Indiana Professor Claims She Was Denied Tenure For Being Gay

Professor Claims She Was Denied Tenure For Being Gay

A professor at Indiana University Northwest filed federal complaints this week claiming she was denied tenure, resulting in her termination, for being openly gay.

Anne Balay, an assistant professor in IUN's English department, filed the complaints through her attorneys Sunday with the U.S. Department of Education's Office for Civil Rights and the Equal Employment Opportunity Council.

Balay's complaints state that colleagues who are heterosexual and male were treated more favorably, according to the Times of Northwest Indiana.

A university spokesperson told The Huffington Post the administration had no comment. They declined to say whether the university has attempted any mediation in response to the complaint.

Balay presented her case to a review board Wednesday, where she explained that her department chair and dean rejected two different unanimous recommendations to offer tenure and a promotion to her, according to the Indiana Daily Student. Balay, an IUN faculty member for eight years, applied for the promotion in the fall 2012 semester and was notified of her rejection this spring.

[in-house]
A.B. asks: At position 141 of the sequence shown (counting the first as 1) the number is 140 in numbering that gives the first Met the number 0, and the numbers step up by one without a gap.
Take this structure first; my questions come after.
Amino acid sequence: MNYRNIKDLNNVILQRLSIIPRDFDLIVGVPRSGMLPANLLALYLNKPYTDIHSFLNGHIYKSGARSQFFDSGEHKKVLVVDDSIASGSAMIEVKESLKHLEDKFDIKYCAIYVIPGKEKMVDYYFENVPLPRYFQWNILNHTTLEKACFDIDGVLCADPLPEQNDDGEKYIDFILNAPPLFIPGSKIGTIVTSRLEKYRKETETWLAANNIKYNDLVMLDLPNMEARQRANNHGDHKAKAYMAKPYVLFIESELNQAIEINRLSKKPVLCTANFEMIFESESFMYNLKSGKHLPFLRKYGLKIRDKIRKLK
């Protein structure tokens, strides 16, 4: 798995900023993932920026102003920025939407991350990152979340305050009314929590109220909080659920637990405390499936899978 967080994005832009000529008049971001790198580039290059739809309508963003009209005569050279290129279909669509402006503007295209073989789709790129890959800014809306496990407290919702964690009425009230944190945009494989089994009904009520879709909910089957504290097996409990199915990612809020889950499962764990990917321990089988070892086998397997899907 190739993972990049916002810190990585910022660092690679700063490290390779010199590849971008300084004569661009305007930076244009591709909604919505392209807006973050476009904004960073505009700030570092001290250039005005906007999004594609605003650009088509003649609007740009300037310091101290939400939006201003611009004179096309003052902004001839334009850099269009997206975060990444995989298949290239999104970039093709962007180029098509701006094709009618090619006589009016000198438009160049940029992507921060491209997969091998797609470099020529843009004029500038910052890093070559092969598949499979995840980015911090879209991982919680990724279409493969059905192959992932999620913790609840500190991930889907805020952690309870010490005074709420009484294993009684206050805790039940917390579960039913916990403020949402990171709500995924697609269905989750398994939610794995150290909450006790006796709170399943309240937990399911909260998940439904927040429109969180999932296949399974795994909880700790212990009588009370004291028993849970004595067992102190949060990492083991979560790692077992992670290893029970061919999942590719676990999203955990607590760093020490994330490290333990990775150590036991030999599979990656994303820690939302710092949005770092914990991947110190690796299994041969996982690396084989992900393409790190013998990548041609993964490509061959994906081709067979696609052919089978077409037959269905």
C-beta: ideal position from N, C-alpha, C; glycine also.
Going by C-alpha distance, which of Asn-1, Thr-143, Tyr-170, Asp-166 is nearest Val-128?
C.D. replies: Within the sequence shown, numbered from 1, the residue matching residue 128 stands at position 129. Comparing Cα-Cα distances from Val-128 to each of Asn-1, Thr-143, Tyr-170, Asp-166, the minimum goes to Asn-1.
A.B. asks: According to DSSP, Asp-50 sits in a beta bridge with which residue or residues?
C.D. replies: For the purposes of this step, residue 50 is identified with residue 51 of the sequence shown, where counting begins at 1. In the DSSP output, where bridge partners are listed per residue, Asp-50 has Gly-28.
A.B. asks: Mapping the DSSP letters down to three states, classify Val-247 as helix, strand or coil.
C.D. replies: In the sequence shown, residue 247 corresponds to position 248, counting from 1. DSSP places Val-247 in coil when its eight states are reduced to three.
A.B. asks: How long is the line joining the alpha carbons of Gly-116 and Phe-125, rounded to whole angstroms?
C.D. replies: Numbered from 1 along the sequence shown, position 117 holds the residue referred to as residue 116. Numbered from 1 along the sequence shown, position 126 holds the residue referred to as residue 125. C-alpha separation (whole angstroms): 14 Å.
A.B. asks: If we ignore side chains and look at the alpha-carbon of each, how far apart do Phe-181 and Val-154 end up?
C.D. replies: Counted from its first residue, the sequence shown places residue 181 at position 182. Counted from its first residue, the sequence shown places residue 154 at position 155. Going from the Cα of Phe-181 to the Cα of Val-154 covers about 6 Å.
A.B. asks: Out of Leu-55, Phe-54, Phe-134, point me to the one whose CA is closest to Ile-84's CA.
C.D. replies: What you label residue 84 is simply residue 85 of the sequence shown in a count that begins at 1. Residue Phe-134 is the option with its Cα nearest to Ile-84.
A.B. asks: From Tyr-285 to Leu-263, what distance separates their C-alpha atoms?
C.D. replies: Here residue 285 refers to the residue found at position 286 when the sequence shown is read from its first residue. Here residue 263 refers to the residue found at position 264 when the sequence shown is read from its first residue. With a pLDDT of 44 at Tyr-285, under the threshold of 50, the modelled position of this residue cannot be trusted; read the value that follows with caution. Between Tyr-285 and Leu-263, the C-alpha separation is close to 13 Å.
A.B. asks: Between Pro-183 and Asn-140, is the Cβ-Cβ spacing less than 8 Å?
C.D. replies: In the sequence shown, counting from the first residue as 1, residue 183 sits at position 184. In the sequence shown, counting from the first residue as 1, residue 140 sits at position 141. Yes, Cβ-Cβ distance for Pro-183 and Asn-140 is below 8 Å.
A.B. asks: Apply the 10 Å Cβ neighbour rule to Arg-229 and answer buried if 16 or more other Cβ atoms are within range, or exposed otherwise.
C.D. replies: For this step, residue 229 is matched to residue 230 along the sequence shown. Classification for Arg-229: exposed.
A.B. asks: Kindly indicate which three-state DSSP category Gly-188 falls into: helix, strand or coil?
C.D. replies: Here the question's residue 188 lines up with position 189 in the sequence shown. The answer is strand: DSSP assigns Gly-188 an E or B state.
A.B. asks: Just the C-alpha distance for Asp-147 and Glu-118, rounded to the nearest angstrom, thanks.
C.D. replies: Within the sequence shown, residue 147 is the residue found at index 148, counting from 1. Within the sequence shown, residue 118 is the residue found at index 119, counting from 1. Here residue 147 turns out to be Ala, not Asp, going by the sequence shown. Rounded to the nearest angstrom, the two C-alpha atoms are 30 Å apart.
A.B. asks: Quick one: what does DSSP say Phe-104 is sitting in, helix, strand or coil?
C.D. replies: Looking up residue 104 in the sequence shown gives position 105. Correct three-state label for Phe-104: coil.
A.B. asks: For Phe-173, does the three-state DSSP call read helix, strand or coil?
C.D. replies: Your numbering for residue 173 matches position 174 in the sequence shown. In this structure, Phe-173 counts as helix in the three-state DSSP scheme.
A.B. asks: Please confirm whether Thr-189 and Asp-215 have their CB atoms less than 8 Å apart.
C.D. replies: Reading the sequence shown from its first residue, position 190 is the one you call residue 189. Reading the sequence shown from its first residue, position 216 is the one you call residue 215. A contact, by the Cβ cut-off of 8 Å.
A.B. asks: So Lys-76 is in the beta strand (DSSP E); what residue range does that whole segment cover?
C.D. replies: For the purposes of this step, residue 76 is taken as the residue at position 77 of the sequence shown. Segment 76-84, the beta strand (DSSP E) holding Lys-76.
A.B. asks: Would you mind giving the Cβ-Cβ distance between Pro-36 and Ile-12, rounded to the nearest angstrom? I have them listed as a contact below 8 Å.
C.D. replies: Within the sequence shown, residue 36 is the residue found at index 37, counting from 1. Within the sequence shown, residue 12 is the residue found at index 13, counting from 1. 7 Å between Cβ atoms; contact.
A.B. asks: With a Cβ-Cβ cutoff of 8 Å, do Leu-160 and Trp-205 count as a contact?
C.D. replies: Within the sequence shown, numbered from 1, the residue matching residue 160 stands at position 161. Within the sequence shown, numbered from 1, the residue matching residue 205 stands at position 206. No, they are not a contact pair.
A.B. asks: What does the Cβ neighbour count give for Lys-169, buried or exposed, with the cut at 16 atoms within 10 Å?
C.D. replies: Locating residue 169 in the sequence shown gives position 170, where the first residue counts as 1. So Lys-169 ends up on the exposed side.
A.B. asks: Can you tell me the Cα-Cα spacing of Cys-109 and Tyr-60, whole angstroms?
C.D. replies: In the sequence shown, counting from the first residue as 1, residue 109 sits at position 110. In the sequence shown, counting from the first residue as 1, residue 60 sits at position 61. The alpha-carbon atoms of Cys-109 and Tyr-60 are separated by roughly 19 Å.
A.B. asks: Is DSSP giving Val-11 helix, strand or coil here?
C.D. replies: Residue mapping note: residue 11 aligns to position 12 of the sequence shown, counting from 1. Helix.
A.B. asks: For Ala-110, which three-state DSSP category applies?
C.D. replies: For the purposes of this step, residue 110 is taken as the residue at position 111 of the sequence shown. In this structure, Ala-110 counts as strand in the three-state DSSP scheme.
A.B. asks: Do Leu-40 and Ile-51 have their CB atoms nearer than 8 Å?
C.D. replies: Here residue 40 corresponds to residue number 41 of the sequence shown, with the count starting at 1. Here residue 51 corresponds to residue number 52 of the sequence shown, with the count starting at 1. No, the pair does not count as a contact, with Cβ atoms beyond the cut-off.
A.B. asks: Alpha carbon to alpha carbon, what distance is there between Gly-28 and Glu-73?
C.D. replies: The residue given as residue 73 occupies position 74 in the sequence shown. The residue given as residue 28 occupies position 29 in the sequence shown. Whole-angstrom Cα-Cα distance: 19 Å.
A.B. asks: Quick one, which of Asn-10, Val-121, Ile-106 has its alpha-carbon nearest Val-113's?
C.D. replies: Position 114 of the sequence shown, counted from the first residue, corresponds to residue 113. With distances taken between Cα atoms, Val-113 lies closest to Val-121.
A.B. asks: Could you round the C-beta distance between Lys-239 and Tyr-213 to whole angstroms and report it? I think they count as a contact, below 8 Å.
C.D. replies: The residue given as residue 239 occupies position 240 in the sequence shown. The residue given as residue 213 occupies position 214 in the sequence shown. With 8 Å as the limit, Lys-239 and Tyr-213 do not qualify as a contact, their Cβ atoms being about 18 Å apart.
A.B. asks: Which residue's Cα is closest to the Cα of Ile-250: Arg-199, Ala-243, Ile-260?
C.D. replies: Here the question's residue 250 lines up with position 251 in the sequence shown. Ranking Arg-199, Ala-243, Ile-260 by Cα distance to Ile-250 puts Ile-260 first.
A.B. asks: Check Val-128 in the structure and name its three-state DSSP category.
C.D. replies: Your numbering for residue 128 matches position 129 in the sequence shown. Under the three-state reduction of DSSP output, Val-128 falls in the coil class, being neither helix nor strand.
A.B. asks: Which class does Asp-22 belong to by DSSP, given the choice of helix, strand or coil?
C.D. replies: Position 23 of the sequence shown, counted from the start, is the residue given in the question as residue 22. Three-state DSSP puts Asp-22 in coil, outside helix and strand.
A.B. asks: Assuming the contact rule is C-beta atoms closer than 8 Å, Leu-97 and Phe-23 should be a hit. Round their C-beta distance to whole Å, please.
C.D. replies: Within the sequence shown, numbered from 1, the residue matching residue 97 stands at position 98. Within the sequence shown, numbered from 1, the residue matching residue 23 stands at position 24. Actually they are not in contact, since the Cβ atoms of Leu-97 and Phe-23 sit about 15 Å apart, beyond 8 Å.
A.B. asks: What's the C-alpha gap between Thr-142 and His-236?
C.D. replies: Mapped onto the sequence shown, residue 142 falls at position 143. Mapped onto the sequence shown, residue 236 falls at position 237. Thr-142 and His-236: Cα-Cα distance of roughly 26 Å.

Indiana law does not protect members of the LGBT community from employment discrimination, Windy City Times notes, but the federal rules prevent colleges from bias based on sexual orientation.

Balay said there was a minority of students who complained because she is a lesbian and a feminist.

"When you're in a targeted minority and people are angry, that's where they go," Balay told the Windy City Times. "So students will say 'all she does is talk about sexuality.' That's not true. I talk about sexuality as much as anybody else. ... If you've never had an out professor before, and a professor says that they're a lesbian, you hear nothing else all semester. Those are the only words that you retain."

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